The scam message was being dispatched stating that Hulk died due to deadly head shot that took place in revenge. This sort of false scam messages are used to trick users into spamming their friends with the same false information. If any users click on that link the page may be redirected to one of the page providing details of the users. Once if they give their personal details like phone number, mail id, age, account number etc they may be told to click an online survey where they will be allowed to go in a draw for various prizes.
It’s one of the easiest ways for scammers to earn money as by subscribing these fake schemes each time users will be willing to participate in an online survey again and again so that they can get some prizes. The fact is that till last users will be sharing and clicking the link but at the end there won’t be any video showing death clippings or no prize winners. Make sure that before believing in any rumors search with google and all media sources so that next time you may not be a victim of scam.
Scam news was being circulated saying that 16 members of Japanese whaling crew have been killed by killer whale. The report claiming such an incident in world news website appeared to be fictitious. In the crew report claimed stating that after an on-board panic caused by a gas leak on the MV Nisshin Maru, a number of crew members jumped overboard where they were seriously attacked by the killer whales.
Japan is being reflected in the history of whaling wherein it is being criticized worldly. The news reported in Satire World News Daily Report website. The news depicts an Australian customs boat beside the Japanese whaling ship Nisshin Maru in January 2008. (Thedentalspa)
Before believing through any facts and fictions that comes via social media or emails it’s better to check through various news sources. In recent months the site was responsible for circulating stories which had to be false and fake. Many readers believed that the stories mentioned in this news site were true to their knowledge.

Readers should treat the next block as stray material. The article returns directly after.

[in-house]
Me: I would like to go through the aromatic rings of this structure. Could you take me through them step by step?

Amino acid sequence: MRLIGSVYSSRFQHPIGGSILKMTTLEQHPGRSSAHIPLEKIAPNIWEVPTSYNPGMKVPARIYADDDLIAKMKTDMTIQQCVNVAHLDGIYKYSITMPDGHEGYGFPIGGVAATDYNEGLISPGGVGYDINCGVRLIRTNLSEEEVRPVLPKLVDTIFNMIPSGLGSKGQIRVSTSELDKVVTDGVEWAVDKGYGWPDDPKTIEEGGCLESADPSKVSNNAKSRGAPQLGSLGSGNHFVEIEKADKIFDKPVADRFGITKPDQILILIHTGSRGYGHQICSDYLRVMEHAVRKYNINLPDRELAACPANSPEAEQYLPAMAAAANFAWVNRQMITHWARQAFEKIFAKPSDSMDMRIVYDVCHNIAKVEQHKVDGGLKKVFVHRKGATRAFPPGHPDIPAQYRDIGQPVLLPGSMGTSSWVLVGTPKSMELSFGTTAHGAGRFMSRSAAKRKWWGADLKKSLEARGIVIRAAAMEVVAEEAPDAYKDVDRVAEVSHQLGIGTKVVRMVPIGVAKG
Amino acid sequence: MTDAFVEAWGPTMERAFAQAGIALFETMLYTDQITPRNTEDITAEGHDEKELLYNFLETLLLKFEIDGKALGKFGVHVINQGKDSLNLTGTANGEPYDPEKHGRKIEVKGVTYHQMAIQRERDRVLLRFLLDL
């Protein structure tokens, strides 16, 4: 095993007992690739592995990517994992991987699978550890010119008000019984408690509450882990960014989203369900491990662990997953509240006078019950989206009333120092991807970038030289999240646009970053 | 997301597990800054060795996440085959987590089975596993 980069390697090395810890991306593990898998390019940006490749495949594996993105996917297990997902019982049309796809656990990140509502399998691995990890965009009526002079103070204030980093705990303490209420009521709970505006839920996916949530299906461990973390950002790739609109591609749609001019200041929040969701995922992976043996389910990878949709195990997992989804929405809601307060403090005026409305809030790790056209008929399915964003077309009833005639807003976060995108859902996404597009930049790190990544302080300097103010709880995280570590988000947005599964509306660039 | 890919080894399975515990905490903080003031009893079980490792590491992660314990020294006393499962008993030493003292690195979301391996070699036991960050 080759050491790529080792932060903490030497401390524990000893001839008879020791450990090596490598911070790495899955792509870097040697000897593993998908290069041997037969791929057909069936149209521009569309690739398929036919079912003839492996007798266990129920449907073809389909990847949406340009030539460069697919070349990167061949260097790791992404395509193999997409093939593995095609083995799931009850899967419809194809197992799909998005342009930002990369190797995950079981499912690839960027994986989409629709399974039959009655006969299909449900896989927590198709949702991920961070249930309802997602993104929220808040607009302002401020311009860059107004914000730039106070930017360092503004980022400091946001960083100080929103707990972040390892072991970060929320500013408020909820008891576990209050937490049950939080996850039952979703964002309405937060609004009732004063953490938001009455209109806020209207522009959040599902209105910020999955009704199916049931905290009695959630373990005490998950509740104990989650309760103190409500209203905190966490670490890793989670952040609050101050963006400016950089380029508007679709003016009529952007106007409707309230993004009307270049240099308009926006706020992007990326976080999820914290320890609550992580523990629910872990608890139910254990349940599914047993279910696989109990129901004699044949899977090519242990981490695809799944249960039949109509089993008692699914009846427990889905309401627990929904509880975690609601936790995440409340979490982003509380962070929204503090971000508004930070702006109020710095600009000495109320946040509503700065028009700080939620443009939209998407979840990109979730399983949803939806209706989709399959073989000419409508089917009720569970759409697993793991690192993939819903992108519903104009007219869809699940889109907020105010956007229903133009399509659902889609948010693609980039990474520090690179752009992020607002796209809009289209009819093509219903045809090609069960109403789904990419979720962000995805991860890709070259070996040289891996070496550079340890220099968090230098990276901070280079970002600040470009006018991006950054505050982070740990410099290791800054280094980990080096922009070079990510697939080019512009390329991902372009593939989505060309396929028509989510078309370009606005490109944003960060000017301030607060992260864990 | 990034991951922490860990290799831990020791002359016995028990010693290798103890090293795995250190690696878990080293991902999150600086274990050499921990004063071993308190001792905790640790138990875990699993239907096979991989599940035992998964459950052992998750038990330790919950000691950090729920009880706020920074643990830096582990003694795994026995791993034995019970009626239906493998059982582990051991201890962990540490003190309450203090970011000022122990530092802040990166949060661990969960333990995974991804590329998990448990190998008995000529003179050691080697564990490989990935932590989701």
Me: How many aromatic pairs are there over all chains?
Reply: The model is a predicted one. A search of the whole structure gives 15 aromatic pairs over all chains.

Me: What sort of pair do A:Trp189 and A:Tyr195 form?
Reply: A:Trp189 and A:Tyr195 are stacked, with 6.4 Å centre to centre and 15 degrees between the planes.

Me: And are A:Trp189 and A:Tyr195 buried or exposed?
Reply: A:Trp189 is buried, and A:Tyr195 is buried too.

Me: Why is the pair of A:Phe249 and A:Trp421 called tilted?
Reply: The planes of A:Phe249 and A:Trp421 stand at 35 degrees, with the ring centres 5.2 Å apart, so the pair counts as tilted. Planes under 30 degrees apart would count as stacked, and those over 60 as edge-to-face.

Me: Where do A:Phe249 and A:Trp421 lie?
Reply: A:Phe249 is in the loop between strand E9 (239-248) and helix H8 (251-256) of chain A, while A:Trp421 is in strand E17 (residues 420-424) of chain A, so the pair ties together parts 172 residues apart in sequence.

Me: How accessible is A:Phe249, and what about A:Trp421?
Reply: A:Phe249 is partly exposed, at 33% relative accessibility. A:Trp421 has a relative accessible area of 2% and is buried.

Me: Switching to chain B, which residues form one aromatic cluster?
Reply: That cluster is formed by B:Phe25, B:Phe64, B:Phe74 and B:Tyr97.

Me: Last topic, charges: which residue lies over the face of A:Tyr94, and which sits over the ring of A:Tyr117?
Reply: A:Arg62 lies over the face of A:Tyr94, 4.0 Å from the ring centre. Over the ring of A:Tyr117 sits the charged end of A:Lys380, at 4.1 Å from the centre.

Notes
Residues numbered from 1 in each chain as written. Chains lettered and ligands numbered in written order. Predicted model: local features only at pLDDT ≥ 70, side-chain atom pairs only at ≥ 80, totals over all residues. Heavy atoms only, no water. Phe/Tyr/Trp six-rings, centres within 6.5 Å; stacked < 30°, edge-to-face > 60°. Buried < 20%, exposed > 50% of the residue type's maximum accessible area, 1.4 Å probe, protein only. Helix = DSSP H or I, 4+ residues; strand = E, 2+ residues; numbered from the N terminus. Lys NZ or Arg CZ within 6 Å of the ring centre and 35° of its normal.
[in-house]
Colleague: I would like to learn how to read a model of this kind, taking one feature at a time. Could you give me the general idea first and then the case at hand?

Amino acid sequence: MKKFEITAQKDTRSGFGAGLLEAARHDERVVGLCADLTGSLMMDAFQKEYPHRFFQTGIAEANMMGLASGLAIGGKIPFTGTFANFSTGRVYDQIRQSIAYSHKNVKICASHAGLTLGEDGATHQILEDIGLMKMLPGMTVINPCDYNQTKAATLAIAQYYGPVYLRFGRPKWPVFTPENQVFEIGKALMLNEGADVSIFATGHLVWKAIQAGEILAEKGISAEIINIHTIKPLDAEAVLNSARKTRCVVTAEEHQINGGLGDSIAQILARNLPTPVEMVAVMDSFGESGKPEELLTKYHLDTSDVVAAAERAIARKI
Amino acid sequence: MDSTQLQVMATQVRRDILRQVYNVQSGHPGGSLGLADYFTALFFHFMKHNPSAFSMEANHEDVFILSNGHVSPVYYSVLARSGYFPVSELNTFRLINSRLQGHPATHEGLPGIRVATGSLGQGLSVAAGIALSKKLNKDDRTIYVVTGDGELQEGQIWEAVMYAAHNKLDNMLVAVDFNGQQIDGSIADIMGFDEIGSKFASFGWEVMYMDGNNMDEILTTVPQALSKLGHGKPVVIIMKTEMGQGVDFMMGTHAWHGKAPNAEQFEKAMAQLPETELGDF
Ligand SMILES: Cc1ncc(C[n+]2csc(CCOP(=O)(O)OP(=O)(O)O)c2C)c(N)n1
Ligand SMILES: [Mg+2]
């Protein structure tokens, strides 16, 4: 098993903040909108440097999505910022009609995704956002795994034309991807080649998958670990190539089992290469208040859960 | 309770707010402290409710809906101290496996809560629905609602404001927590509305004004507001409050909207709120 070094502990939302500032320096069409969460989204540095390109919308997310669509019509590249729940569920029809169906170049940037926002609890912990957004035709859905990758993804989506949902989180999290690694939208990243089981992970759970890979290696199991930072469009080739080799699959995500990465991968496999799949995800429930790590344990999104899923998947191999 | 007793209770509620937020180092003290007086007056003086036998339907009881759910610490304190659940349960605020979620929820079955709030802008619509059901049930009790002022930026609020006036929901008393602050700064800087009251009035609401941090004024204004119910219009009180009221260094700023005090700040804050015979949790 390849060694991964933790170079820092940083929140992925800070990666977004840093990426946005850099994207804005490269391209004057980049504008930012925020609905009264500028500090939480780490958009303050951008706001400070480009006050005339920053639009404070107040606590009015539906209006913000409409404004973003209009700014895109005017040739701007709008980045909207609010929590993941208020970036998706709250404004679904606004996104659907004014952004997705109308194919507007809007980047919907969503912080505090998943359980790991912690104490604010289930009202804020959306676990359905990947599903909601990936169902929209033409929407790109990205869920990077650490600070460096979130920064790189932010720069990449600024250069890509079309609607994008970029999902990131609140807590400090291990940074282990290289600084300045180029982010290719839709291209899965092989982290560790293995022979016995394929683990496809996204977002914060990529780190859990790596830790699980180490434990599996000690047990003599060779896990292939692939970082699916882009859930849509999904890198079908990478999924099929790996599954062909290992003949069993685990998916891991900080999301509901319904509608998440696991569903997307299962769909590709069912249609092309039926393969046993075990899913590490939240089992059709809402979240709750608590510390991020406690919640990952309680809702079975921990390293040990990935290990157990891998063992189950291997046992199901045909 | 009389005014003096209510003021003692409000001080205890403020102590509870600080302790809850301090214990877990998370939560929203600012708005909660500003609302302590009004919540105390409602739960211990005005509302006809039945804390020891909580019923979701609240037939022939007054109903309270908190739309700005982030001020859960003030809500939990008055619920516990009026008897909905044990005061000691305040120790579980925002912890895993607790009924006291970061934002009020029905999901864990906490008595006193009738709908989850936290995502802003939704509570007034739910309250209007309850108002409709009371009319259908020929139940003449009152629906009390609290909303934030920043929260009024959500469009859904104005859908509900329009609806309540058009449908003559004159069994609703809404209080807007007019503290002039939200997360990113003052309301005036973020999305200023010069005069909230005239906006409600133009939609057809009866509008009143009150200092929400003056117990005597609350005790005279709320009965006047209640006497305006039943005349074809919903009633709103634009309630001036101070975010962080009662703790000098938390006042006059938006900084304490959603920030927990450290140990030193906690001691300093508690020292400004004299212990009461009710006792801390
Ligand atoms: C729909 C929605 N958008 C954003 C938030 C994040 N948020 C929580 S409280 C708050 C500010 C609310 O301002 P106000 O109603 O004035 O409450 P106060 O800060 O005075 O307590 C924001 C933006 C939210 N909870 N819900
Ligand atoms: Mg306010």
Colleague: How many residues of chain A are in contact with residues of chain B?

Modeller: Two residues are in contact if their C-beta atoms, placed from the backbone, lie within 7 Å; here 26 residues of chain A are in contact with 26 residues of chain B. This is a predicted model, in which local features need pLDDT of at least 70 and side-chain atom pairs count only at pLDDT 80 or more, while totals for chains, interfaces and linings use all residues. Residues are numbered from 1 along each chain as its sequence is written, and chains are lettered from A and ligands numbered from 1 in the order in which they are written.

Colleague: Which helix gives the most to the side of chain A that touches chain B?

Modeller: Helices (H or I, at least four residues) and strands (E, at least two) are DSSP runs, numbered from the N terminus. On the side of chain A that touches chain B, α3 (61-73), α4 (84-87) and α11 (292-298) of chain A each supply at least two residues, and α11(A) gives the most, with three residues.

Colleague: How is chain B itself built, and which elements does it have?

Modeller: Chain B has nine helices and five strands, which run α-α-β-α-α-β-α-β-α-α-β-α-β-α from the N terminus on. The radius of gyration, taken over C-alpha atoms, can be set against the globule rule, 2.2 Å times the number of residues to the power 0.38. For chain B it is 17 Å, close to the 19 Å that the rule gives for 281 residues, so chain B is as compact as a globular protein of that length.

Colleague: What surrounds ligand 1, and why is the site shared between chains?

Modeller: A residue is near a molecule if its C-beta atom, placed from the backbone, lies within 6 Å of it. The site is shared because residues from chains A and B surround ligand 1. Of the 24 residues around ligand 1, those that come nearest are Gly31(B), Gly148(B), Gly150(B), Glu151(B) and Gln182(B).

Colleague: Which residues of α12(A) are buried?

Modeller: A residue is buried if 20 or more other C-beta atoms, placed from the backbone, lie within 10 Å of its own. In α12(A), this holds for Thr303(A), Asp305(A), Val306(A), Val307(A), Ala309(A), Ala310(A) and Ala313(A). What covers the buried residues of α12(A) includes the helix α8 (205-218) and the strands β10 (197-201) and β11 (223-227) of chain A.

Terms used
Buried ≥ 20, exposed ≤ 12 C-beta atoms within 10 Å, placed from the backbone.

In Aberdeen city, one of the victims had been applied for a vacancy which offered online training courses for the offshore oil and gas industry. The website was being named by“First Oil Energy”, which presented it as a fastest growing company located in Aberdeen.
With the promise of a future career, the victim handed over money for an online training course through the website.
Scammers told the victim that after completion of training course the victim would be part of the firm. For training course an amount was paid but then the scammers informed the victim that there is some hike in fees. The fraudsters charged some $1000 to the victim. This oil and gas industry website was being developed and registered by some individuals. (zgardensantamonica.com) They were identified as non-trading UK individuals. These kinds of websites appear to be part of scam.
Be careful when applying any online courses or jobs that request for money transactions. Check for all the terms and conditions before payment as well as be aware of all kinds of scams.